Climate zones

Mountain Bluebird habitat map

Habits and Lifestyle

During the breeding season in spring and summer, Mountain bluebirds usually are seen alone, in pairs, or - at the end of the breeding season - in family groups of a few members. They are diurnal and forage from perches, as other bluebirds do, snatching food from the ground, from vegetation, and in mid-air. They are excellent foragers in the air, hovering kestrel-like before they drop onto their prey, or catch insects on the wing. Darting flight and hovering requires 8 to 4 times as much energy as does hunting from a perch, therefore they tend to use these methods when food is scarce. Apart from migration, Mountain bluebirds perform movements linked to the availability of fruit. The birds travel in flocks of as many as 30 individuals, sometimes more. During winter, they often form loose flocks with other species of passerine. The call of Mountain bluebirds is a thin 'few'; while their song is warbled high 'chur chur'.

Seasonal behavior
Bird's call

Diet and Nutrition

Mountain bluebirds are carnivores (insectivores) and herbivores (frugivores). During the summer, their diet consists of insects; while, in the winter months they eat mostly berries (like Juniper berries, Russian-olive berries, elderberry, etc.) and fruit seeds (such as mistletoe seeds and grapes, just to name a few).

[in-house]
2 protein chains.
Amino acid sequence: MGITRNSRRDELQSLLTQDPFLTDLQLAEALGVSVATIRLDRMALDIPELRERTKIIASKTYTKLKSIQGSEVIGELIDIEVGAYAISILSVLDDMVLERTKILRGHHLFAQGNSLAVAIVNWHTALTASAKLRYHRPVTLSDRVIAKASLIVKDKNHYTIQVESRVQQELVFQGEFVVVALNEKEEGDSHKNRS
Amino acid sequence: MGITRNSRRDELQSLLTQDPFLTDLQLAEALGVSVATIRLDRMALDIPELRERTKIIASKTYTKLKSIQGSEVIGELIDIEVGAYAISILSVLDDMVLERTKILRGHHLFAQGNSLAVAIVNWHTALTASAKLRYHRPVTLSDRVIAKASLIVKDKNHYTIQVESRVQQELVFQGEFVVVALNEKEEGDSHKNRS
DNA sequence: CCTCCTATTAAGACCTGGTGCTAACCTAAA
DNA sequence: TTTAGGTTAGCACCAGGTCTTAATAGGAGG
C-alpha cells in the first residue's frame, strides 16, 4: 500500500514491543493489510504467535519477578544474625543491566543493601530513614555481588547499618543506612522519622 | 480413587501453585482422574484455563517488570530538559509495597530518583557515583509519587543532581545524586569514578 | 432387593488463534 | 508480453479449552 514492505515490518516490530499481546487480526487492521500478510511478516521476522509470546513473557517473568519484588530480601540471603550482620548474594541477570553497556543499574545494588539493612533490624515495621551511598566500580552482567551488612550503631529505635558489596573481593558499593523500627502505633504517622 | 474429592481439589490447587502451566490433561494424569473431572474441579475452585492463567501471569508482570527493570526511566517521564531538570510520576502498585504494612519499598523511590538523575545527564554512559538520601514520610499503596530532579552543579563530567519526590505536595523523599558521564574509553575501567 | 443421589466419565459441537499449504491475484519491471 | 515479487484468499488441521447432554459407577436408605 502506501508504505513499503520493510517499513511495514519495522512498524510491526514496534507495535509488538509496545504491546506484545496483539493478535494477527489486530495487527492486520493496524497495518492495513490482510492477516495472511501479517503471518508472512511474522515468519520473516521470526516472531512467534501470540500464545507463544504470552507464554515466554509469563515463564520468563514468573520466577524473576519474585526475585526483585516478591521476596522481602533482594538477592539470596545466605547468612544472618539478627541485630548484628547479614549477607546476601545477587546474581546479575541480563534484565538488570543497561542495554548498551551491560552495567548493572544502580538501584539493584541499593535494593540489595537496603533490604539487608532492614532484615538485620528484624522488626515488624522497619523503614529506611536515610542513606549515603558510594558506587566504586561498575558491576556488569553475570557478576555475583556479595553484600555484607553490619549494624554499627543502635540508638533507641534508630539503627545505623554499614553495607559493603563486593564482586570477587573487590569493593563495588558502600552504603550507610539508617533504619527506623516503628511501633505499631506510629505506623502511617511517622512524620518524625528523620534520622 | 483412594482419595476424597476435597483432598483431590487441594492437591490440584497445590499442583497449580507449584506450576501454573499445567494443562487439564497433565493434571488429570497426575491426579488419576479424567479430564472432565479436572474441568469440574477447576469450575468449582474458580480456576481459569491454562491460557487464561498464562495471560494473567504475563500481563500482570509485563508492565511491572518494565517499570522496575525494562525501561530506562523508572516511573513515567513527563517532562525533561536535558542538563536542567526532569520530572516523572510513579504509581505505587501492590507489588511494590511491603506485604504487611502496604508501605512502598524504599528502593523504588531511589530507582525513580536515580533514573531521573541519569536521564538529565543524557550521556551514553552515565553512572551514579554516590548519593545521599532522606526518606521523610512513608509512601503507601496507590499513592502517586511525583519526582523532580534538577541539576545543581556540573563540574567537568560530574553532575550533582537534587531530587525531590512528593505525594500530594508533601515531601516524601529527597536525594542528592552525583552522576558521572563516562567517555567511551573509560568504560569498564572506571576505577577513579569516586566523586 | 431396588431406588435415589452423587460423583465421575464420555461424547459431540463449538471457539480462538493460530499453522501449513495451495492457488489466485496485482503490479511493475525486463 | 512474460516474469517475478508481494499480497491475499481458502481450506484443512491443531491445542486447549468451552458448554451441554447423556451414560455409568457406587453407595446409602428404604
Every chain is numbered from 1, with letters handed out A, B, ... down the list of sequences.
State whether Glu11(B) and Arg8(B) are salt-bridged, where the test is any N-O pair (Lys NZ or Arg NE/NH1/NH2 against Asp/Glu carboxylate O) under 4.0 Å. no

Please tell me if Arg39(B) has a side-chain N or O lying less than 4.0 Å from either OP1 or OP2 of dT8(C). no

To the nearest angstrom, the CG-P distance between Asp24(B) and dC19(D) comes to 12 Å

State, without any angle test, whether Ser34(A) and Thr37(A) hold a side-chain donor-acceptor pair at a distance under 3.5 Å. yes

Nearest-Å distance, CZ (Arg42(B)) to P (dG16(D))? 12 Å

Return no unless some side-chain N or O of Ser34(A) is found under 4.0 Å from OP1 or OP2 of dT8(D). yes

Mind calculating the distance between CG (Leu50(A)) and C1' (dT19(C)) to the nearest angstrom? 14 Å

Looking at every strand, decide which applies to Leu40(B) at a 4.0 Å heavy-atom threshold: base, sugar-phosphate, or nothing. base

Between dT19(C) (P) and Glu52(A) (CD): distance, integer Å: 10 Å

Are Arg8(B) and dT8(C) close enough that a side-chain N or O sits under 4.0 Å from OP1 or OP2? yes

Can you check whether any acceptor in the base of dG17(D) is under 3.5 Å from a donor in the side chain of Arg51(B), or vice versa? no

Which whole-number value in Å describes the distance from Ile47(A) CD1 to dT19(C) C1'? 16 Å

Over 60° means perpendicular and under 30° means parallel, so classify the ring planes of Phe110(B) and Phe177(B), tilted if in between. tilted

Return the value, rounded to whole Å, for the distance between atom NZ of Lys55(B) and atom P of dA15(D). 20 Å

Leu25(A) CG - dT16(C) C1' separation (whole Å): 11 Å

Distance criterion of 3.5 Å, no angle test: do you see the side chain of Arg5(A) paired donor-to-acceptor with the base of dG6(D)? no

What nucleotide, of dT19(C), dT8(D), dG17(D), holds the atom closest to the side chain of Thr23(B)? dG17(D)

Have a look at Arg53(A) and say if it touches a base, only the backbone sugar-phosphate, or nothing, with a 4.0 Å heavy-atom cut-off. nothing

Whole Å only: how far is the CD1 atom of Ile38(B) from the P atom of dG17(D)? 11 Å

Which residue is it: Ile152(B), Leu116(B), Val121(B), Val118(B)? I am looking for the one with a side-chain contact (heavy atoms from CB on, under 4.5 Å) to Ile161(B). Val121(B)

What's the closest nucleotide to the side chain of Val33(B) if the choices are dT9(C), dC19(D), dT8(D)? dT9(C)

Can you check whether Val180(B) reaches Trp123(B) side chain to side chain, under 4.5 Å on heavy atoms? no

Mating Habits

13-14 days
5.5-12 weeks
4-8 eggs

Mountain bluebirds form pair bonds which are monogamous. This means that males mate with only one female and females mate with only one male. At the start of the breeding season, males are the first to arrive at the breeding grounds. They select a nest site, being a cavity in a tree or a rock crevice. The females then arrive, and to attract a female, a male flies around the site of the nest while calling. April to September is the breeding season. This species generally produces two broods. The building of the nest is done by the female, sometimes with help from the male, which will guard her or bring some materials. 4-8 eggs of pale blue are laid and are incubated over 13-14 days. Both parents feed, strongly protect and defend the chicks. During this time they are often very aggressive. The young fledge at 18-21 days and depend on their parents for another 3 weeks to 2 months.